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The spark of America's revolution: Battle of Bunker Hill

For the America that stand today, there has been war fought for it victories. Start from the first major battle of revolution , fought in Charlestown (now part of Boston) during the Siege of Boston. Although the British eventually won the battle, it was a Pyrrhic victory that lent considerable encouragement to the revolutionary cause.

The Battle of Bunker Hill started after the Battles at Lexington and Concord in April 1775, the victorious Patriot militiamen followed the retreating British army towards Boston. As the British sought protective cover inside the city, the colonists began to construct fortifications surrounding Boston to the north, west, and south. The Royal Navy, unmolested by any significant colonial naval force, supported the British army in the city from the east and the patriots' retreat took place on a small peninsula north of Boston. The Americans set up their defenses on Breed's Hill. The site is built over today, but it was open country in 1775.

To support their defenses, the British sought to place a force on the Charlestown peninsula across Boston Harbor to the north, as yet unoccupied by early June. On June 13th, the leaders of the colonial forces learned that the British were planning to send troops into Charlestown. In response, 1,200 colonial troops under the command of Col. William Prescott quickly occupied Bunker Hill on the north end of the peninsula and Breed's Hill closer to Boston. 

By the morning of the 16th, they had constructed a strong redoubt on Breed's Hill and other entrenchments across the peninsula. The next day, the British army under General William Howe, supported by Royal Navy warships, attacked the colonial defenses. The British troops moved up Breeds Hill in perfect battle formations. One of the commanders of the improvised garrison, William Prescott, allegedly encouraged his men “not fire until you see the whites of their eyes.” Two assaults on the colonial positions were repulsed with significant British casualties; the third and final attack carried the position after the defenders ran out of ammunition. The colonists retreated to Cambridge over Bunker Hill, leaving the British in control of Charlestown but still besieged in Boston.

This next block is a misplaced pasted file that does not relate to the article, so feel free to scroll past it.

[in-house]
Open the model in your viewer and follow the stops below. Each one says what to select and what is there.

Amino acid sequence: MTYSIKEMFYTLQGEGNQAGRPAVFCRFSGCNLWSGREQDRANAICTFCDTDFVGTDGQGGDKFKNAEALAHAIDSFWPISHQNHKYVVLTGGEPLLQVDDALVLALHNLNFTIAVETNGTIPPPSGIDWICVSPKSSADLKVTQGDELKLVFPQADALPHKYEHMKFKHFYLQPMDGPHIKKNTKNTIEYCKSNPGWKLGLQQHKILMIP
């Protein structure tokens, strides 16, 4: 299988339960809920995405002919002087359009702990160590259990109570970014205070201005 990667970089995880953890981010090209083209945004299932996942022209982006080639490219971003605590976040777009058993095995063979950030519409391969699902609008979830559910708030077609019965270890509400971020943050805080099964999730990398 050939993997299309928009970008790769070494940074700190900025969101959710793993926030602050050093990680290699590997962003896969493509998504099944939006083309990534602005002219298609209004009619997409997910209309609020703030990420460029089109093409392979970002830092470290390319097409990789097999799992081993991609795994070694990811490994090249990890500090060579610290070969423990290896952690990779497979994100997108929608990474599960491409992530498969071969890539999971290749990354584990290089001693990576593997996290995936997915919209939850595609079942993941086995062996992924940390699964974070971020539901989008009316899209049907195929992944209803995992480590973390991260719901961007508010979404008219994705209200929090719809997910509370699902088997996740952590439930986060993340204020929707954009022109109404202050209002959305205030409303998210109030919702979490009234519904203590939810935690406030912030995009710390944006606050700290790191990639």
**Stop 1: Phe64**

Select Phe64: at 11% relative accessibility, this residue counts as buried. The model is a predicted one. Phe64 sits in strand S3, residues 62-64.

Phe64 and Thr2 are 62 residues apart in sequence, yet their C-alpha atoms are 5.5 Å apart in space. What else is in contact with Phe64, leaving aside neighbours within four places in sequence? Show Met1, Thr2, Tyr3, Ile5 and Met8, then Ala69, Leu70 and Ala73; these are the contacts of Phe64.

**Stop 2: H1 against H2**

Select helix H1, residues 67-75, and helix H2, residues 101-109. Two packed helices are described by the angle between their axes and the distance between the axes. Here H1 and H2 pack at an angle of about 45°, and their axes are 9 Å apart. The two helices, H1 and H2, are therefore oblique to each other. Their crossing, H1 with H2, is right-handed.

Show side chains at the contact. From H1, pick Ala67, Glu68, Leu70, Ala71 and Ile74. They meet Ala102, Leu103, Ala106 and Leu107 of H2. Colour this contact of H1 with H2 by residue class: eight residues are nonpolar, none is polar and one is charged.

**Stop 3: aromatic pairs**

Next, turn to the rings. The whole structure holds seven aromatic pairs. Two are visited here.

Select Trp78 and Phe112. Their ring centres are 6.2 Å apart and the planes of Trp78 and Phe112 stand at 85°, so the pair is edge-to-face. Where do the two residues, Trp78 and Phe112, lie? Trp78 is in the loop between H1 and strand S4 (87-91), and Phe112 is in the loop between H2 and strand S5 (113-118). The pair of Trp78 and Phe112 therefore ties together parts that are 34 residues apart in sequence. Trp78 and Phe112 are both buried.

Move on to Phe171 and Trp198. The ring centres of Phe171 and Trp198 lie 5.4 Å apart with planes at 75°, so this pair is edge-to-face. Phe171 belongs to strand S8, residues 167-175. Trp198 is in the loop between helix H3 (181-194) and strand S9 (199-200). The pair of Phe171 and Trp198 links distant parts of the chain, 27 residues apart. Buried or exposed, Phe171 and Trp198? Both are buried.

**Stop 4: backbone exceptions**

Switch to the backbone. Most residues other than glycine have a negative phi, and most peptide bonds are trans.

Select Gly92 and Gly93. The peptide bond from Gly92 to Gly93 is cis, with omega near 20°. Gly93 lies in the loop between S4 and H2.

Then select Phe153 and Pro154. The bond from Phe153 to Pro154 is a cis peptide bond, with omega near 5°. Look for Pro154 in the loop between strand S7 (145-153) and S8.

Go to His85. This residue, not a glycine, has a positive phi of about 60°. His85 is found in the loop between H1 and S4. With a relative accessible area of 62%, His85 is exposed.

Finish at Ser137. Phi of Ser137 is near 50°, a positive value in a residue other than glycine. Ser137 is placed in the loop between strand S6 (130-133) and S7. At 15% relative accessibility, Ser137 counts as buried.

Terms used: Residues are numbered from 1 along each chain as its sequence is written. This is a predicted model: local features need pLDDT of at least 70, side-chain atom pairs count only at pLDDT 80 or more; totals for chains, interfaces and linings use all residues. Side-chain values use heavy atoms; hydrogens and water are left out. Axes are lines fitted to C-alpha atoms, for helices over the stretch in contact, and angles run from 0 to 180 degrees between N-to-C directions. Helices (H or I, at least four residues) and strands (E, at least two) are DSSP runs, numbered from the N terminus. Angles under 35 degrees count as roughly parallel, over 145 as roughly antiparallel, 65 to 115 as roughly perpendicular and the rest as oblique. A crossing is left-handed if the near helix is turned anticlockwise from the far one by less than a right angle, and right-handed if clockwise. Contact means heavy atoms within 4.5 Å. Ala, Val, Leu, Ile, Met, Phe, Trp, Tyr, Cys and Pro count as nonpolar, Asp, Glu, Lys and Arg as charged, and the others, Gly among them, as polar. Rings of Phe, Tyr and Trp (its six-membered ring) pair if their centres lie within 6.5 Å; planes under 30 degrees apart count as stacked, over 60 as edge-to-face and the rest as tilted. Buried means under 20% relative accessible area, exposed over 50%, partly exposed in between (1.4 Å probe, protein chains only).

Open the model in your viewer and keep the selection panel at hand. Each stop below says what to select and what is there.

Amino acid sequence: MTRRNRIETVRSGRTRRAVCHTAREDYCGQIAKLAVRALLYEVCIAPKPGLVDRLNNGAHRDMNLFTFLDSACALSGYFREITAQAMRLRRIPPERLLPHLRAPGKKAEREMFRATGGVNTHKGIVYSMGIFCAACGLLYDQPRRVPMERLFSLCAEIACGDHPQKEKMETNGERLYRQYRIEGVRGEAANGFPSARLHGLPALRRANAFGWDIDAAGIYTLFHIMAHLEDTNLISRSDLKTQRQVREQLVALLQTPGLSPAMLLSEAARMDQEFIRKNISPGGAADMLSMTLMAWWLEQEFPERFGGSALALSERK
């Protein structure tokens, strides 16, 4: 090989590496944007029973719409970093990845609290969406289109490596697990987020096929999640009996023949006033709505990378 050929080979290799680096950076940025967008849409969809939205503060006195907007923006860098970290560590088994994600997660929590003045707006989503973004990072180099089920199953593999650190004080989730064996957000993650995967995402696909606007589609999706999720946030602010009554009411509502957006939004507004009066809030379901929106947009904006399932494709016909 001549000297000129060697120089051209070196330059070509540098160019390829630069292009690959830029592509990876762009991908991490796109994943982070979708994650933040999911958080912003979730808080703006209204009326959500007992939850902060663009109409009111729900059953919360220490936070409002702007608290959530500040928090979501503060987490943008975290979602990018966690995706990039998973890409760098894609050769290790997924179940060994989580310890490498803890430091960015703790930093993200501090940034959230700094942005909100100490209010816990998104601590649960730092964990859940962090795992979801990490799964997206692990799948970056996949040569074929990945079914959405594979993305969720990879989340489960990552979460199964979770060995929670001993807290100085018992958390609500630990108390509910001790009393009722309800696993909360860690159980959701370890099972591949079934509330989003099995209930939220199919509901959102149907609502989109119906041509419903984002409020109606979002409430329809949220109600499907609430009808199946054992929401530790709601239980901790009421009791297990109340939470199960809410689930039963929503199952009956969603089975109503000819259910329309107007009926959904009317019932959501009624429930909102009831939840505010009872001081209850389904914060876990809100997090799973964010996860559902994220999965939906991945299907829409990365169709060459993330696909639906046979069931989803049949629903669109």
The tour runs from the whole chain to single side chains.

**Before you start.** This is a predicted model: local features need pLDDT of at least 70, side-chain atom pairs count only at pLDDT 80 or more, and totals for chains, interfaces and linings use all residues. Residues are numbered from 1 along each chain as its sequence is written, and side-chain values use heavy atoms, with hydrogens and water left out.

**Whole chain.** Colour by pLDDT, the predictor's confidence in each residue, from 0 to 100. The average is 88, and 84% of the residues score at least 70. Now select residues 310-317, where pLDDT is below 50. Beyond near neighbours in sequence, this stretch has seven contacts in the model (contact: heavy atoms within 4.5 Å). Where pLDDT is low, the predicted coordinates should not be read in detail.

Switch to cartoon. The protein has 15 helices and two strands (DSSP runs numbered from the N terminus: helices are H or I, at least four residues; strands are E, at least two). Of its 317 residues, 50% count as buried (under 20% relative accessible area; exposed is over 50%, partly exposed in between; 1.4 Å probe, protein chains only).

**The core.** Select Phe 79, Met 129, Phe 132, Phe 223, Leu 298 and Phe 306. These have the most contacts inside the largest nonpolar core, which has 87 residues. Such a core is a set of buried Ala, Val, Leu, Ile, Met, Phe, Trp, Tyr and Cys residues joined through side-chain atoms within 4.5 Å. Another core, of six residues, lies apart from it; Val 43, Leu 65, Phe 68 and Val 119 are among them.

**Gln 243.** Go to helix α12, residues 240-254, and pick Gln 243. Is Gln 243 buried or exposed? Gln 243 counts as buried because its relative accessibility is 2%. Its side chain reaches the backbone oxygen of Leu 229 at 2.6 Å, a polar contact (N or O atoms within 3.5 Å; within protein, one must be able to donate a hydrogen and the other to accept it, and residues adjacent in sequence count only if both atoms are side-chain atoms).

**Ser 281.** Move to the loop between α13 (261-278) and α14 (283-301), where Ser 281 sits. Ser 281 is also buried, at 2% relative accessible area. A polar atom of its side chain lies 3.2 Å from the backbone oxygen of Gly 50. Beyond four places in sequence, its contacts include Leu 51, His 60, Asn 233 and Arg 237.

The battle was a tactical victory for the British, but it proved to be a sobering experience, involving more than twice the casualties than the Americans had incurred, including many officers. The battle had demonstrated that inexperienced Continental militia could stand up to regular British army troops in battle. Despite losing their strategic positions, the battle was a significant morale-builder for the inexperienced Americans, convincing them that patriotic dedication could overcome superior British military might. Additionally, the high price of victory at the Battle of Bunker Hill made the British realize that the war with the colonies would be long, tough and costly.

source::: BATTLEFIELD.ORG,, and

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